China’s new leadership faces complicated, pressing demands in shaping its energy policy. Air pollution has become a major political, social and even international issue that has moved high up on the leadership’s agenda. Growing turmoil in the Middle East is increasing Beijing’s concerns about its future energy security. Further, as the world’s largest current emitter of greenhouse gases, China enters international climate change negotiations in a sensitive position. Additionally, the nuclear disaster in Japan has increased China’s sensitivity to the safety risks associated with reliance on nuclear power as a possible solution to the country’s growing energy and environmental demands.
In this context, China’s new leadership has explicitly made developing an “ecological civilization” one of the pillars of its reform efforts. Development of China’s reportedly large deposits of shale gas, expansion of its “clean coal” capabilities and increased nuclear power generation are important components of this effort.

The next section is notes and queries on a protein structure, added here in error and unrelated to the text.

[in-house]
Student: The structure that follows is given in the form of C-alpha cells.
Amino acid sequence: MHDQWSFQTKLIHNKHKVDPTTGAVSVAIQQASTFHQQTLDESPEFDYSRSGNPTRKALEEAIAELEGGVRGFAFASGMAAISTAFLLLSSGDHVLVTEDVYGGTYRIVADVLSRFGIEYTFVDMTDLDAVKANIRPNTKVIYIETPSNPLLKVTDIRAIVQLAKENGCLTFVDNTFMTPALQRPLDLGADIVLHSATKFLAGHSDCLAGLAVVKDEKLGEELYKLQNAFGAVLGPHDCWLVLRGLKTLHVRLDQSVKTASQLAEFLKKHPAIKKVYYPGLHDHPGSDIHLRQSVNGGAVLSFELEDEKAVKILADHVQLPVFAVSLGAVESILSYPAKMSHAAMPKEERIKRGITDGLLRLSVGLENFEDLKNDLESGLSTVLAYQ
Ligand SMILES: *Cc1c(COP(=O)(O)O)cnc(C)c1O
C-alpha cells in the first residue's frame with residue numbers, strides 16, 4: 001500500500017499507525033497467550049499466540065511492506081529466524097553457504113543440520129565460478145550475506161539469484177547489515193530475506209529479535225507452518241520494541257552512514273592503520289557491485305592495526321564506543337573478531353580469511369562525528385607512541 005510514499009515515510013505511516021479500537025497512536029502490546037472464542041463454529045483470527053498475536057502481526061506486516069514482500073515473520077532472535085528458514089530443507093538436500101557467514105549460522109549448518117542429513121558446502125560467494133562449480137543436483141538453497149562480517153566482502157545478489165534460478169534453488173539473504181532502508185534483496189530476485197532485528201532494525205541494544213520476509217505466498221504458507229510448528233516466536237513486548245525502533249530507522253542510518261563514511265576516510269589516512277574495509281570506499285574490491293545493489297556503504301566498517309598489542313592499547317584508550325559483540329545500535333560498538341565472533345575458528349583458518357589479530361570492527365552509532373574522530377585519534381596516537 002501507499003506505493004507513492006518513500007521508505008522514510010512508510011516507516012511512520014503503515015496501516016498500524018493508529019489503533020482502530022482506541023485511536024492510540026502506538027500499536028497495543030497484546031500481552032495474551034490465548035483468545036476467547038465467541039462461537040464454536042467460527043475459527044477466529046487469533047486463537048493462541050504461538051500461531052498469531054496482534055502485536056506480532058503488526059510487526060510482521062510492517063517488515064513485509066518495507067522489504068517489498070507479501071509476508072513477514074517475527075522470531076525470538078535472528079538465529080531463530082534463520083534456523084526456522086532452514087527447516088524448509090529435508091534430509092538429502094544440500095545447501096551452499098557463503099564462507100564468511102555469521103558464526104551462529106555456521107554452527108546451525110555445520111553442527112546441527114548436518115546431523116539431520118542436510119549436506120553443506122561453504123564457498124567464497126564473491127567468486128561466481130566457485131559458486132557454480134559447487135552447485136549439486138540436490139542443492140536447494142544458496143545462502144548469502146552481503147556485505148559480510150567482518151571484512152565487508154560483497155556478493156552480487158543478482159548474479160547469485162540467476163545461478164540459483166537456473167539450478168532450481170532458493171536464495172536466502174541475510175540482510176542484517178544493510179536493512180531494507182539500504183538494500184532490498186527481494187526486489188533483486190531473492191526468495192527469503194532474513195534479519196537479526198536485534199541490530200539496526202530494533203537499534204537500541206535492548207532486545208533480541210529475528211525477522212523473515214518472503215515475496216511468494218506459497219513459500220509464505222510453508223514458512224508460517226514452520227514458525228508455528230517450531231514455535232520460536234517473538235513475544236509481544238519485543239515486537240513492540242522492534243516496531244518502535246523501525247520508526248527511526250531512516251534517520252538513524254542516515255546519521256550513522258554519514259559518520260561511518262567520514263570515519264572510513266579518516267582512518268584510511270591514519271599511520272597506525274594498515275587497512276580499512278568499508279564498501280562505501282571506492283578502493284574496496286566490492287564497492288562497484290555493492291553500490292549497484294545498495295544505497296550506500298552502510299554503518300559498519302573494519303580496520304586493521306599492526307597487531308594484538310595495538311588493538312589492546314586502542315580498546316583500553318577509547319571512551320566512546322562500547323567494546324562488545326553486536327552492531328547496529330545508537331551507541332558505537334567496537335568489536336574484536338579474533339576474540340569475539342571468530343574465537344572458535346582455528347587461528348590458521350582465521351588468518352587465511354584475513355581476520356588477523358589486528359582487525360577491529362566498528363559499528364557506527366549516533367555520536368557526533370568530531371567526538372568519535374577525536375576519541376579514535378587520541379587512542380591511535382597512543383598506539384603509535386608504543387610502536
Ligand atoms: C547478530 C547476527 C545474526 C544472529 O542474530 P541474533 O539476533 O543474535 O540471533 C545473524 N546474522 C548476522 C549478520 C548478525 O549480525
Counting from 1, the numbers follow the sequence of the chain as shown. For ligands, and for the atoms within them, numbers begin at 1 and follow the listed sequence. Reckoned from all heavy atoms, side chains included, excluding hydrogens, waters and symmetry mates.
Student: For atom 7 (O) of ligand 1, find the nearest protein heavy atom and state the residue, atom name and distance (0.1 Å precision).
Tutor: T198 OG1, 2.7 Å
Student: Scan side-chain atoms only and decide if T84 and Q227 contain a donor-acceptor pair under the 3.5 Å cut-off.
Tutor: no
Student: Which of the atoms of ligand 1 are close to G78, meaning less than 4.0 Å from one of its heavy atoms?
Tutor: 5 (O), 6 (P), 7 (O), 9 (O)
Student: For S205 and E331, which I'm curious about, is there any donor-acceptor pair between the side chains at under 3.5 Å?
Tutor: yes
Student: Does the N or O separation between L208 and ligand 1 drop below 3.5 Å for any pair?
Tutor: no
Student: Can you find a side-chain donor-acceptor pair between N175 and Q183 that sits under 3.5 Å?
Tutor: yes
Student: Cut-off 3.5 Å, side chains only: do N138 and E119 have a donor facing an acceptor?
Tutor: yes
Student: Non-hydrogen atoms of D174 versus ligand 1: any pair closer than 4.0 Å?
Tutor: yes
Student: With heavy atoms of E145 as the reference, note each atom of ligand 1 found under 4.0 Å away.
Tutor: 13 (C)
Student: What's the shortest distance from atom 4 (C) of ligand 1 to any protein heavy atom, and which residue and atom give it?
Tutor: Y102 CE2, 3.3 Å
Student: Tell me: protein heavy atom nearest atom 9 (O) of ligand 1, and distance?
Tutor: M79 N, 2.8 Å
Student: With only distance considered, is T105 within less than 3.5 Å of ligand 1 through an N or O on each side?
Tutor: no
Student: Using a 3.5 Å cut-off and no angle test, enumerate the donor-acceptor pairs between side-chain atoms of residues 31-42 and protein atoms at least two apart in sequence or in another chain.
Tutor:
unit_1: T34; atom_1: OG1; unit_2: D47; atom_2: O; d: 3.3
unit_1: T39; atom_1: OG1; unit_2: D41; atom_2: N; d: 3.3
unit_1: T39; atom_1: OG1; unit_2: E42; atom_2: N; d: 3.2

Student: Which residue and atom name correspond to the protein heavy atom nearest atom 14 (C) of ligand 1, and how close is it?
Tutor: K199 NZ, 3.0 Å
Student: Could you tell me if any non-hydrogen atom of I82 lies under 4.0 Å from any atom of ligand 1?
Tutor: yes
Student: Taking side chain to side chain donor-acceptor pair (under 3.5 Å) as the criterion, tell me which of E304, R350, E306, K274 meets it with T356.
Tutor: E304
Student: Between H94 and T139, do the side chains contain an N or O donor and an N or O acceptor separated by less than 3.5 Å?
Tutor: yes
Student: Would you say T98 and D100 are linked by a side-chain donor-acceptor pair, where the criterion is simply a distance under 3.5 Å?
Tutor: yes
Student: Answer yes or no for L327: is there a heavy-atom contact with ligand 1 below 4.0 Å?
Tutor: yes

On February 6, the John L. Thornton China Center at the Brookings Institution hosted a panel discussion to evaluate China’s changing energy priorities and policies, their implications for U.S.-China energy cooperation and the growing demand and prospects for China’s energy future.